Most people associate chiropractors as being people who adjust, manipulate and crack the bones of the spine in order to re-align it. Chiropractors adjust the spine not only to benefit the physical posture of a person, but also because they view the spine as being the organizing focal point of health because all the nerves supplying control and feedback pathways from the brain out to the major organs and peripheral limbs of the body emanate from the spine. Therefore, any entrapment of nerves due to pressure from misaligned vertebral bones of the spine could also affect the person’s health due to misfiring nerve signals (or be contributing to musculoskeletal issue). Chiropractors in the UK in common the UK trained osteopaths go through a 5 year training program which covers the exact same level of anatomy, physiology and pathology training that a GP (General Practitioner) would receive, except that there is considerably less training in pharmacology (training in the use of pharmaceutical drugs) and instead this is replaced with the techniques and philosophies pertaining to that particular modality’s way of treatment. Chiropractors (as with osteopaths) are also trained to give nutrition as well as other life style advice, although for some reason this is not an area I’ve heard people mention when they go for a chiropractic visit, it’s always about the adjustment! For those that have been to a chiropractor already or have yet to go, but either way are put off by all the forced crunching and clicking I would urge you to think again and look up the McTimoney Chiropractic approach. McTimoney chiropractors are so different in their approach to performing adjustments as to be almost polar opposite when compared to traditional chiropractors, McTimoney practitioners still make adjustments to the spine but do so in a much more subtle, gentle, less force but still effective manner. I’ve actually been an on-looker observing a McTimoney trained chiropractor at work, and it is indeed hard to believe some of the moves which passed for adjustment procedures were so subtle and gentle could be having the kind of effect they were supposed to be having, but the proof was indeed in the pudding for the person who was on the table at the time!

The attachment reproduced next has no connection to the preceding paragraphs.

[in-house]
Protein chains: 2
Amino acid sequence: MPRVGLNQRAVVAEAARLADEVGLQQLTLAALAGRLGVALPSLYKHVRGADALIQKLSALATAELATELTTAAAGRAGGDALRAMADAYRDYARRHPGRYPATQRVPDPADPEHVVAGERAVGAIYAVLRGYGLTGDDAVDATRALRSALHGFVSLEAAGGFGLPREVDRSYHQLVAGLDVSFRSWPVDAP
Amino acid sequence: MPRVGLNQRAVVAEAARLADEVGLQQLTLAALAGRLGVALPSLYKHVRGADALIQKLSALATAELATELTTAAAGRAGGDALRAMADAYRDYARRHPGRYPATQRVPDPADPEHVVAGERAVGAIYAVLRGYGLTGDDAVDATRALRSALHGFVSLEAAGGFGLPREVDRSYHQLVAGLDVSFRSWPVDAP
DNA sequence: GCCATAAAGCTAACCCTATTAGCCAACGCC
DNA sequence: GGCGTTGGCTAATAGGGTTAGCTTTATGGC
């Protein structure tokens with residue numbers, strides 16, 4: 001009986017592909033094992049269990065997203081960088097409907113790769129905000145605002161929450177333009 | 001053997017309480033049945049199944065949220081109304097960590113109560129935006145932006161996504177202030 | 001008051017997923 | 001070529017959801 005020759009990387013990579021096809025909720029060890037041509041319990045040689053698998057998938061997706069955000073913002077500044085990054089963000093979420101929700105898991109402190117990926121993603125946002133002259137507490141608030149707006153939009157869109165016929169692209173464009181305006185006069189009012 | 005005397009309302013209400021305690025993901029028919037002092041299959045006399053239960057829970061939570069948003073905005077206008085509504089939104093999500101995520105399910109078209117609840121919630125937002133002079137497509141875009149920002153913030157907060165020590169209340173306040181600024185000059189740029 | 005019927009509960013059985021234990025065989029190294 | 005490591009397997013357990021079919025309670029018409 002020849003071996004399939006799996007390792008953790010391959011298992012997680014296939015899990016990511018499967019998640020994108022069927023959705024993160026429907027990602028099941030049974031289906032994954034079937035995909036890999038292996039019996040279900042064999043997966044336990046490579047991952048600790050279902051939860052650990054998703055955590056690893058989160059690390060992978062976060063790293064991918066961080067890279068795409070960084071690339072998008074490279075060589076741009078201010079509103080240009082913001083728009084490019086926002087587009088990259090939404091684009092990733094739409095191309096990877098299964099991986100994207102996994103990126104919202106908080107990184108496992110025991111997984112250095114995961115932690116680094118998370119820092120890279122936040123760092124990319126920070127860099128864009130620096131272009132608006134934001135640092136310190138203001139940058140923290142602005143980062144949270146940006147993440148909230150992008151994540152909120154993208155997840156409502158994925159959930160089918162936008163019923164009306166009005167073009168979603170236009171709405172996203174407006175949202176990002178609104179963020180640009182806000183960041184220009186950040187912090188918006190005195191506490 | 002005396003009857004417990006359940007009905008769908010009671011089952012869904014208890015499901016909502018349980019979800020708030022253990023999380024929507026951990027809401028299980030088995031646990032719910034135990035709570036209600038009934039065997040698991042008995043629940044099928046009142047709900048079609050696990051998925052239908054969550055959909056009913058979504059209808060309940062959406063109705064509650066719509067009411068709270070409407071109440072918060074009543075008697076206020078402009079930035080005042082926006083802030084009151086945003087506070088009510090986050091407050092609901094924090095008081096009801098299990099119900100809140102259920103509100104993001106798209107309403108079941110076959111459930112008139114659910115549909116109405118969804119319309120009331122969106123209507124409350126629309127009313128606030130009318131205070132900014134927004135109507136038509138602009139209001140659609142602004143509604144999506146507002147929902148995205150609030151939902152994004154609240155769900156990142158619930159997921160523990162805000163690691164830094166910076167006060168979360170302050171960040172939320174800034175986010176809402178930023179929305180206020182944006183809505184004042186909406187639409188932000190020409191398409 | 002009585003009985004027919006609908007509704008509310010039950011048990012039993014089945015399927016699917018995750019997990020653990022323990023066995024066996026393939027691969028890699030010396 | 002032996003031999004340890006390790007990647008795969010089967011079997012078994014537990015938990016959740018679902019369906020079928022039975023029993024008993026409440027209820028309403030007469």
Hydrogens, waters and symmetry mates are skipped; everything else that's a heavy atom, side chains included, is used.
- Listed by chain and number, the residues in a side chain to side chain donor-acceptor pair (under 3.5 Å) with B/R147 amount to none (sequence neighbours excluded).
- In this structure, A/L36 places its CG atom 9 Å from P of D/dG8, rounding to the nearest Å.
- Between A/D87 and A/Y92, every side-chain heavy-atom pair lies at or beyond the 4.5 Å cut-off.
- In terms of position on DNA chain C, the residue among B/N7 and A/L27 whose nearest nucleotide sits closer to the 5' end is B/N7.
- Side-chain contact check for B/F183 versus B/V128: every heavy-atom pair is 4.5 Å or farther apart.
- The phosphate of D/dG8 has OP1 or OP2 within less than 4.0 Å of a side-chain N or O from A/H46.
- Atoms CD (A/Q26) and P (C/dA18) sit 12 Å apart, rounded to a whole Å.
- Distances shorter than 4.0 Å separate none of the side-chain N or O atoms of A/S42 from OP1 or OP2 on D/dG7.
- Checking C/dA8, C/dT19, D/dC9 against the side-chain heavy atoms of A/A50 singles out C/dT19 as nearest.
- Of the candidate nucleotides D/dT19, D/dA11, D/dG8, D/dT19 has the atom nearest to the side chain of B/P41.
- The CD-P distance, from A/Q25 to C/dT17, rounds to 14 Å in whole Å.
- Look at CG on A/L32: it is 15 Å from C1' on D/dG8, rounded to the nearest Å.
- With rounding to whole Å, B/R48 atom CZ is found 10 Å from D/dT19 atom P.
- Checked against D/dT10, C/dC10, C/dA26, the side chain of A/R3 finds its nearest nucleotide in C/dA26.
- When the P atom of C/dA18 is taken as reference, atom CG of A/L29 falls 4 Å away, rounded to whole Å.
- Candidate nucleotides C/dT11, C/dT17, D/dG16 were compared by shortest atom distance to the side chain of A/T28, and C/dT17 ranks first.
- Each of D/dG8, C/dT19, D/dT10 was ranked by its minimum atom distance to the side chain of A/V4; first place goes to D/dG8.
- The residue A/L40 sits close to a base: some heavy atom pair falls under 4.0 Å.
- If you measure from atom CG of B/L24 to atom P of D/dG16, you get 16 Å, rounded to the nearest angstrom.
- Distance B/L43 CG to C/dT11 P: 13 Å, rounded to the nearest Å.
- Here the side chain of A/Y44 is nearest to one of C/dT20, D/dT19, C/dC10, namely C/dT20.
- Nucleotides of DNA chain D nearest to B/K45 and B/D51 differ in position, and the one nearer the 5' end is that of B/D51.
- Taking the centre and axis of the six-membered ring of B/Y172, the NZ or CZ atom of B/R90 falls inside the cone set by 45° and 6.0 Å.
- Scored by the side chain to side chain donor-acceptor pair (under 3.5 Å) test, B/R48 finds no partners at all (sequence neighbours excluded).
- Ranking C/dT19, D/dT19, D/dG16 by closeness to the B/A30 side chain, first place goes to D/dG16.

Osteopathy

In common with chiropractors, osteopaths are best known for the adjustments that they make between joints using what are known as high velocity thrust (HVT) techniques, what are usually referred to as the adjustment or cracking and clicking. A generalization to differentiate chiropractic from osteopathy, is that whilst chiropractors concentrate on the spine, osteopaths concentrate on all bony joints and junctions in order to align the physical structure of a person for optimal health. This alignment strategy, as with chiropractic looks at not only the bones but the nerves and fluids flowing between the bony junctions. Osteopathy itself when you look into the various schools can be quite wide ranging and eclectic once you get passed the core principles. There is a branch of osteopathy which deals with the subtle movement and manipulation of the individual bones of the skull known as cranial osteopathy. A further development of cranial osteopathy is cranial sacral therapy which take the underlying soft tissues and fascia (connective tissue) of the brain and spinal chord as well as the fluid (CSF – Cerebral Spinal Fluid) surrounding these structure to be a kind of respiratory system in its own right which can be worked on and so affecting health in the wider body. Yet another popular branch of osteopathy is visceral osteopathy (also sometimes known as visceral manipulation or visceral release therapy), where organs of the abdominal cavity can be gently coaxed and released into a more optimal suspensory state within its own (but not totally isolated) web of connective tissue, this in turn can have significant impact on musculoskeletal issues which can then be traced back via certain predictable physical interconnection routes. Visceral manipulation in common with craniosacral therapy both work with the fascia system of the body and are both modalities that I have trained in as they involve working with the fascia (connective tissue of the body), which is in turn soft tissue related work and so finally leads me nicely on to what I do…

Soft Tissue Therapy